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Josh Caress explores alt-country on Wild Wild Love

March 4, 2009

Country has long been a component of Josh Caress’ singer/songwriter sound, so it’s not surprising that he’s dedicated Wild Wild Love to exploring that element of his style. While he plays within the conventions for most of his first foray into Ryan Adams-esque alt-country,  he does create a handful of beautiful, adventurous tracks that make this album worth it.

Josh Caress Goes on an Adventure! was the first real display of Caress’ country leanings, and it is still one of my favorite Caress albums. Adventure! worked because Caress displayed what he was made of. There wasn’t any Sufjan-esque instrumentation (The Rockford Files) or fuzzy drone underneath (Letting Go of a Dream). It displayed Caress as an introspective troubadour with complex arrangements, catchy melodies, folk/country leanings, and a cinematic bent. There’s nowhere to hide in Adventure!, and it is all the better for it.

The ability to hide the songwriting within the surrounding instruments is part of what makes Wild Wild Love a decent but not astounding release. The title track opens with a forlorn harmonica and some weary guitarwork.  It had my attention immediately; it’s great. Then, at around forty seconds, pedal steel, electric guitar, bass, drums and old timey violins come in. There’s nothing wrong with any of these things, but collectively they feel like overkill. The message could be sent that this is a country album without several of these markers.

Josh Caress knows this, too; the chorus of “Wild Wild Love” drops out the violins and bass, leaving only pedal steel, acoustic, gentle electric guitar and voice. It’s  still a lot, but it sounds like not much (in context) and it’s beautiful. It’s a problem that was present on Rockford Files as well; just because Caress can do something doesn’t mean he should.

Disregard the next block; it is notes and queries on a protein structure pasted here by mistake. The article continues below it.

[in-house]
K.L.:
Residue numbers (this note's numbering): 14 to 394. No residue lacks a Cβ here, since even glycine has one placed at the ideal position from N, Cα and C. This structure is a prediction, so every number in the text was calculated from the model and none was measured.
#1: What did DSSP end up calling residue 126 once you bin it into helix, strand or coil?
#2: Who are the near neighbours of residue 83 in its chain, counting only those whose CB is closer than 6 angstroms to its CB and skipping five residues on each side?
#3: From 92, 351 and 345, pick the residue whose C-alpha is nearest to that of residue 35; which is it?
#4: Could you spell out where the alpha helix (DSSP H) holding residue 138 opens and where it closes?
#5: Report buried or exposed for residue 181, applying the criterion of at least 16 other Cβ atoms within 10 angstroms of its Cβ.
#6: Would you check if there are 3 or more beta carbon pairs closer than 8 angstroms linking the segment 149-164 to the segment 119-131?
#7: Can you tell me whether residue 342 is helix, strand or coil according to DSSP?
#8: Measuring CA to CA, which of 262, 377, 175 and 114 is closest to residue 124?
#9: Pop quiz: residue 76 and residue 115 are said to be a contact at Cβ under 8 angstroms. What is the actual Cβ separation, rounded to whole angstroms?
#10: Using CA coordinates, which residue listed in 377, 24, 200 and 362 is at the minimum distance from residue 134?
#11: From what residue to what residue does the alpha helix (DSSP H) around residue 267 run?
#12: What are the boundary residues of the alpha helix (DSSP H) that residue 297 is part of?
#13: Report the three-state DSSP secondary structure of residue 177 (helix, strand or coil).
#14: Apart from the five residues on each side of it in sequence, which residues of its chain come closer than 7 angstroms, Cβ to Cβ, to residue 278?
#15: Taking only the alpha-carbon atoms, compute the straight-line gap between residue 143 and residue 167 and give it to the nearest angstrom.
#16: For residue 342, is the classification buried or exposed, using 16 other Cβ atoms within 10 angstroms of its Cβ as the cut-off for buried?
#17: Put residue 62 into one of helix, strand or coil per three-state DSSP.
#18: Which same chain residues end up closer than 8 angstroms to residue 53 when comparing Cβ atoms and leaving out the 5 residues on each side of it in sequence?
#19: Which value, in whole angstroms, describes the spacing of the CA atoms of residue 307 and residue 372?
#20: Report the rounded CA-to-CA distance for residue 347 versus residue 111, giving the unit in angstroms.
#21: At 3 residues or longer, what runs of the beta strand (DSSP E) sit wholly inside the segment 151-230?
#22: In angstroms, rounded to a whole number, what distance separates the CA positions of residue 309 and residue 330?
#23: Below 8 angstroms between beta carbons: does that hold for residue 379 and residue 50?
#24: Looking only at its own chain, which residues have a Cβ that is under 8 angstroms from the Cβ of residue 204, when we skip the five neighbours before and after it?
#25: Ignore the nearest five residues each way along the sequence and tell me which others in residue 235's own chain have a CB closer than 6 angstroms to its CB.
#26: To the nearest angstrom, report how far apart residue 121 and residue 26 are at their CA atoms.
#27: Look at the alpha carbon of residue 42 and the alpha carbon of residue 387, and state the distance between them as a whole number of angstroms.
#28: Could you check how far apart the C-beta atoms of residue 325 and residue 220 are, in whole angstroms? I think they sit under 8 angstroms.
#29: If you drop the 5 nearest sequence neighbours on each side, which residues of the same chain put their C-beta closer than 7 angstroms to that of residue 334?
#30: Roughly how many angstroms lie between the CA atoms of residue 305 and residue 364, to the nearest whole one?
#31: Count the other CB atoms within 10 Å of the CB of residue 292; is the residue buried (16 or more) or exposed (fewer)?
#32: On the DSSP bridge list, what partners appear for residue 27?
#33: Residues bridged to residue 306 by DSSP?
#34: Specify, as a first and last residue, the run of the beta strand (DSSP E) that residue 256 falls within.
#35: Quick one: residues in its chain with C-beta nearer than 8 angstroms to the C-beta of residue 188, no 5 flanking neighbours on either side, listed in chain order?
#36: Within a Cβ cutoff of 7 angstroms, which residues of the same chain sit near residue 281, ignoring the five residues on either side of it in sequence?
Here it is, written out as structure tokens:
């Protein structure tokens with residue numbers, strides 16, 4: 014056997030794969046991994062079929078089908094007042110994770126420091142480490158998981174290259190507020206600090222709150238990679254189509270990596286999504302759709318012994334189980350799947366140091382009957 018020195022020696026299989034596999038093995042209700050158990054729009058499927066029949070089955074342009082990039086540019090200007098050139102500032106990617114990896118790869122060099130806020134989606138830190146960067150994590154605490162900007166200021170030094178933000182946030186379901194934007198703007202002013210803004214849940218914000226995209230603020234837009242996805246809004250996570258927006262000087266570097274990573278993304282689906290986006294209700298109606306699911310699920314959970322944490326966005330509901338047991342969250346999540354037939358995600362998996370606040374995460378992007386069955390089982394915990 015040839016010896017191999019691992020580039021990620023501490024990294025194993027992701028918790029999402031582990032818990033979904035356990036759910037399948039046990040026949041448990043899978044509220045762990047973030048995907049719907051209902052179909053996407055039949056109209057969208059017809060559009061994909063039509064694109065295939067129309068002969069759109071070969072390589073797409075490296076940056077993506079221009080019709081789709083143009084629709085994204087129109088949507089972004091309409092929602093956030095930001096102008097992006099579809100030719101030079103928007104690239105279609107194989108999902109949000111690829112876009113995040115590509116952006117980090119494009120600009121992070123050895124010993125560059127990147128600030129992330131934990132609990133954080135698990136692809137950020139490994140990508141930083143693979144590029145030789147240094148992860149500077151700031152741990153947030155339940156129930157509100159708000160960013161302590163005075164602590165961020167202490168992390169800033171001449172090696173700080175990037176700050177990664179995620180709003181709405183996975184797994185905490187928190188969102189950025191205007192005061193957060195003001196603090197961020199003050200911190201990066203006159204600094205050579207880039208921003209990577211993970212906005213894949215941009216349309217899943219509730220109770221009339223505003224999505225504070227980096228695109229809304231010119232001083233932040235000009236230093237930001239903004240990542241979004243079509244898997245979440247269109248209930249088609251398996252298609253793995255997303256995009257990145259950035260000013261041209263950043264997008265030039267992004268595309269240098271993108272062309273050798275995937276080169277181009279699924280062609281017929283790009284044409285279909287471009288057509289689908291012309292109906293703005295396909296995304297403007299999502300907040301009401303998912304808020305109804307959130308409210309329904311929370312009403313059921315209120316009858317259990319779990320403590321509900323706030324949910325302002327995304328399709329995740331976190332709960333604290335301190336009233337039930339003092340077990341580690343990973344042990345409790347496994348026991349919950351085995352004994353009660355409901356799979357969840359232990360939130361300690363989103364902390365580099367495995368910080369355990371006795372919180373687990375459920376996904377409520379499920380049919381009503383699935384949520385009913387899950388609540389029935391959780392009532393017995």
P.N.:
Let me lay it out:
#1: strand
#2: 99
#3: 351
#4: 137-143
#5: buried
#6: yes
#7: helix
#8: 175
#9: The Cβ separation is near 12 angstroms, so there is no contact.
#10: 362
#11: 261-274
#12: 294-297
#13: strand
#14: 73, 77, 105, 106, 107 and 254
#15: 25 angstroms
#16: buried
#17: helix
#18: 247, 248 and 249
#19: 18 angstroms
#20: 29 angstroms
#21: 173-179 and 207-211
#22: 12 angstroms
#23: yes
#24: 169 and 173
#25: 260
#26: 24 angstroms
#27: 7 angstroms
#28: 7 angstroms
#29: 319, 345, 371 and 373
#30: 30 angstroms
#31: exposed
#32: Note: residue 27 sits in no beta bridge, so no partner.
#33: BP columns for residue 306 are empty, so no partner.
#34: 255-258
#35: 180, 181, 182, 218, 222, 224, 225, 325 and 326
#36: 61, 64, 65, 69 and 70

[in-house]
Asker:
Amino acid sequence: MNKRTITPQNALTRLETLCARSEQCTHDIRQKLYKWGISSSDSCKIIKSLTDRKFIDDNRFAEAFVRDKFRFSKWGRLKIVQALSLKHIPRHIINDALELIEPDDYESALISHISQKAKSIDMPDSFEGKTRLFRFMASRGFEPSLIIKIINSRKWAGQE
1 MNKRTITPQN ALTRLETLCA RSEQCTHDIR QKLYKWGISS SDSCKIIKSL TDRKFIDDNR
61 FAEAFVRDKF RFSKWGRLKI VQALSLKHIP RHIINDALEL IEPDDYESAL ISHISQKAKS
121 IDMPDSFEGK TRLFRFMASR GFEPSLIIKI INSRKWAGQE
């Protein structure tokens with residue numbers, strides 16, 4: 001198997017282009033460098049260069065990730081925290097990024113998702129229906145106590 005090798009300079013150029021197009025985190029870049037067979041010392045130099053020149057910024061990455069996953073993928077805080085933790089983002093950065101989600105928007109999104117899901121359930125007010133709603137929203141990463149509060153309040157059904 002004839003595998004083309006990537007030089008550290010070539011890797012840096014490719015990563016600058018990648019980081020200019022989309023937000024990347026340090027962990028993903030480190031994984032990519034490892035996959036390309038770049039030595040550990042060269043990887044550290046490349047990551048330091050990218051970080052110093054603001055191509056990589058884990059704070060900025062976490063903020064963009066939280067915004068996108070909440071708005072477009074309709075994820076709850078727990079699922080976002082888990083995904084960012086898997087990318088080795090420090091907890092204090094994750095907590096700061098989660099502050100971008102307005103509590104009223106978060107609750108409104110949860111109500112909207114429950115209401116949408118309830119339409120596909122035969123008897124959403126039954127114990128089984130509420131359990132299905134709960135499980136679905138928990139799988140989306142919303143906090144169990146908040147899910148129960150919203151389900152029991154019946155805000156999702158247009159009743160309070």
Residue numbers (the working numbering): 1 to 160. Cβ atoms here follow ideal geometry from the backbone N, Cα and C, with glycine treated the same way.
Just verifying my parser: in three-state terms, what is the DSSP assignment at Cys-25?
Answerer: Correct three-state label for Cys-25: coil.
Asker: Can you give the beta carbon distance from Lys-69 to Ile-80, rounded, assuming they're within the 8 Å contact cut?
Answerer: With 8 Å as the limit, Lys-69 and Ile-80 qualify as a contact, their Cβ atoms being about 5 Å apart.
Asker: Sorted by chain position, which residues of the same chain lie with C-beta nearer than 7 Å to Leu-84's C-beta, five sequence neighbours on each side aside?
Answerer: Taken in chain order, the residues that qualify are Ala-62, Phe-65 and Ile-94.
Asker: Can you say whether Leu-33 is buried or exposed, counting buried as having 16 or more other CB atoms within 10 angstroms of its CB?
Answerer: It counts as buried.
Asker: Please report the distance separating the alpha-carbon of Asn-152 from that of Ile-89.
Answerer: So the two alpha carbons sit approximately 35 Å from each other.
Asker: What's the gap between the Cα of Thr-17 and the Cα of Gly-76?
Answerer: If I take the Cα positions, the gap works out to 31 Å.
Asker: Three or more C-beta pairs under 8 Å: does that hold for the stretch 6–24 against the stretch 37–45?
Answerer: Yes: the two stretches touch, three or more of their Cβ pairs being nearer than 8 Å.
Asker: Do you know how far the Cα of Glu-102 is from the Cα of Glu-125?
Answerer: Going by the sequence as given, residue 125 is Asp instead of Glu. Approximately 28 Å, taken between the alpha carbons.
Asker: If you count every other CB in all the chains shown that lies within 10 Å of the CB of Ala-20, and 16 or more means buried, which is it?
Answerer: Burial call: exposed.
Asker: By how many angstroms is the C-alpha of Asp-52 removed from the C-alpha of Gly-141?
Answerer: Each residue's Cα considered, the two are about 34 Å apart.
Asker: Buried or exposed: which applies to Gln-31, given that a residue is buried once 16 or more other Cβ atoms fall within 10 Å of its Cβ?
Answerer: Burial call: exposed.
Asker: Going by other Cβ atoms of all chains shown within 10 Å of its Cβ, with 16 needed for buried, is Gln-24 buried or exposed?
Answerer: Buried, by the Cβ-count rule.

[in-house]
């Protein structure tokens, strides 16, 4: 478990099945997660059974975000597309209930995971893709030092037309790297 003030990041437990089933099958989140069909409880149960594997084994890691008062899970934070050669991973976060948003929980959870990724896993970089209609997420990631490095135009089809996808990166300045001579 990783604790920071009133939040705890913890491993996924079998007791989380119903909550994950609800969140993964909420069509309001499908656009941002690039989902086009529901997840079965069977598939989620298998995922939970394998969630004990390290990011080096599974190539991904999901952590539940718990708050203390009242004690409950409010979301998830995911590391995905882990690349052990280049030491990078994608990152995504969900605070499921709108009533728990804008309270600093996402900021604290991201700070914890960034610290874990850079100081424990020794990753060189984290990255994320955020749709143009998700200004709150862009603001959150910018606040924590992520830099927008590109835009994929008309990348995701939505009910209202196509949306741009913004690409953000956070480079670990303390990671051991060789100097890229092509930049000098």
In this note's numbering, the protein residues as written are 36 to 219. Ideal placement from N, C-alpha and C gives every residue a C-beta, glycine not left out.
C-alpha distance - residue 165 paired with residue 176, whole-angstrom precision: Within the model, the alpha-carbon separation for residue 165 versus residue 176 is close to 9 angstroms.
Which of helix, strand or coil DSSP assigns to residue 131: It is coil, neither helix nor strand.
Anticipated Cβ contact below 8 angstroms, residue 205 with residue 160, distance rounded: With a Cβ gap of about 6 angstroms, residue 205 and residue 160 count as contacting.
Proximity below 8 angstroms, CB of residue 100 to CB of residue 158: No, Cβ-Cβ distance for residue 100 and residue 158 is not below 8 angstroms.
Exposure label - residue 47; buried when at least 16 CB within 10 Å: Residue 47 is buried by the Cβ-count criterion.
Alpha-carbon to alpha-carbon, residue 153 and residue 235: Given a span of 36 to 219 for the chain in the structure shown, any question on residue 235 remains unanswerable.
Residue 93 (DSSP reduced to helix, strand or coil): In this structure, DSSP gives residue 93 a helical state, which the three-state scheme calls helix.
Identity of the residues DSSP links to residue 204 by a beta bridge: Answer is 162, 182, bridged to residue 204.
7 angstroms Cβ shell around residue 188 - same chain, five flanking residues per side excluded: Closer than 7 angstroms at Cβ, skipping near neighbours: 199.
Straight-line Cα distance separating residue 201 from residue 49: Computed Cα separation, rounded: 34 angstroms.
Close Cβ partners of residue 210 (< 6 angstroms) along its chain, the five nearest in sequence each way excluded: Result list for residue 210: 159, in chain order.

But it’s not just massive instrumentation that allows his to hide. Caress busts out his electric guitar for several songs, dropping into honky-tonk mode (“Be My Baby Tonight”), righteous anger mode (“I Won’t Let You Strip Me of My Soul”) and even straight-up American rock and roll (“Don’t Believe the Rock and Roll”). It’s not that these songs are bad (although “Be My Baby Tonight” does stretch the limits of credibility); it’s just that they don’t seem fully honest. Perhaps it’s the initial learner’s curve of writing rock, I don’t know; but these songs don’t connect as well as his quieter work.

There are moments of intense clarity, though: “Lake Michigan” takes motifs from Adventure and ideas of instrumentation from Rockford Files to create one of the best tracks he’s ever created. It’s beautiful because the pedal steel, mandolin, drums,organ, secondary guitar and background vocals are used perfectly. I could listen to “Lake Michigan” over and over; if I had to put together a Josh Caress greatest hits album, this would be on it. “Everybody’s Got Something to Prove” provides heart-crushing lyrics and one of the most steady vocal performances Caress has ever produced; it’s another stand-out. The control that Caress exercises over his voice on this track is impressive; this track alone is a major step forward in his songwriting style.

“I Wanna Be Your Man” is one of the better louder tracks here, as the vocals are memorable. The blue-collar, Joe Anybody feel of “A Path, Through Suffering” channels Springsteen (sorta). They’re louder and enjoyable; so it’s not like Caress can’t write a good loud song. It’s just that his quieter, more introspective stuff (at this point) works better.

There are lots of tracks here that are enjoyable, but the sum definitely feels like the experiment it is. “Lake Michigan” and “Everybody’s Got Something to Prove” are almost worth the price of admission on their own, so the recommendation here is definitely “buy.” But there are definitely some things that Josh Caress needs to get adjusted to in the alt-country genre if he’s going to keep chillin’ there for a while.

Stephen Carradini and friends write reviews of bands that are trying to make the next step in their careers.

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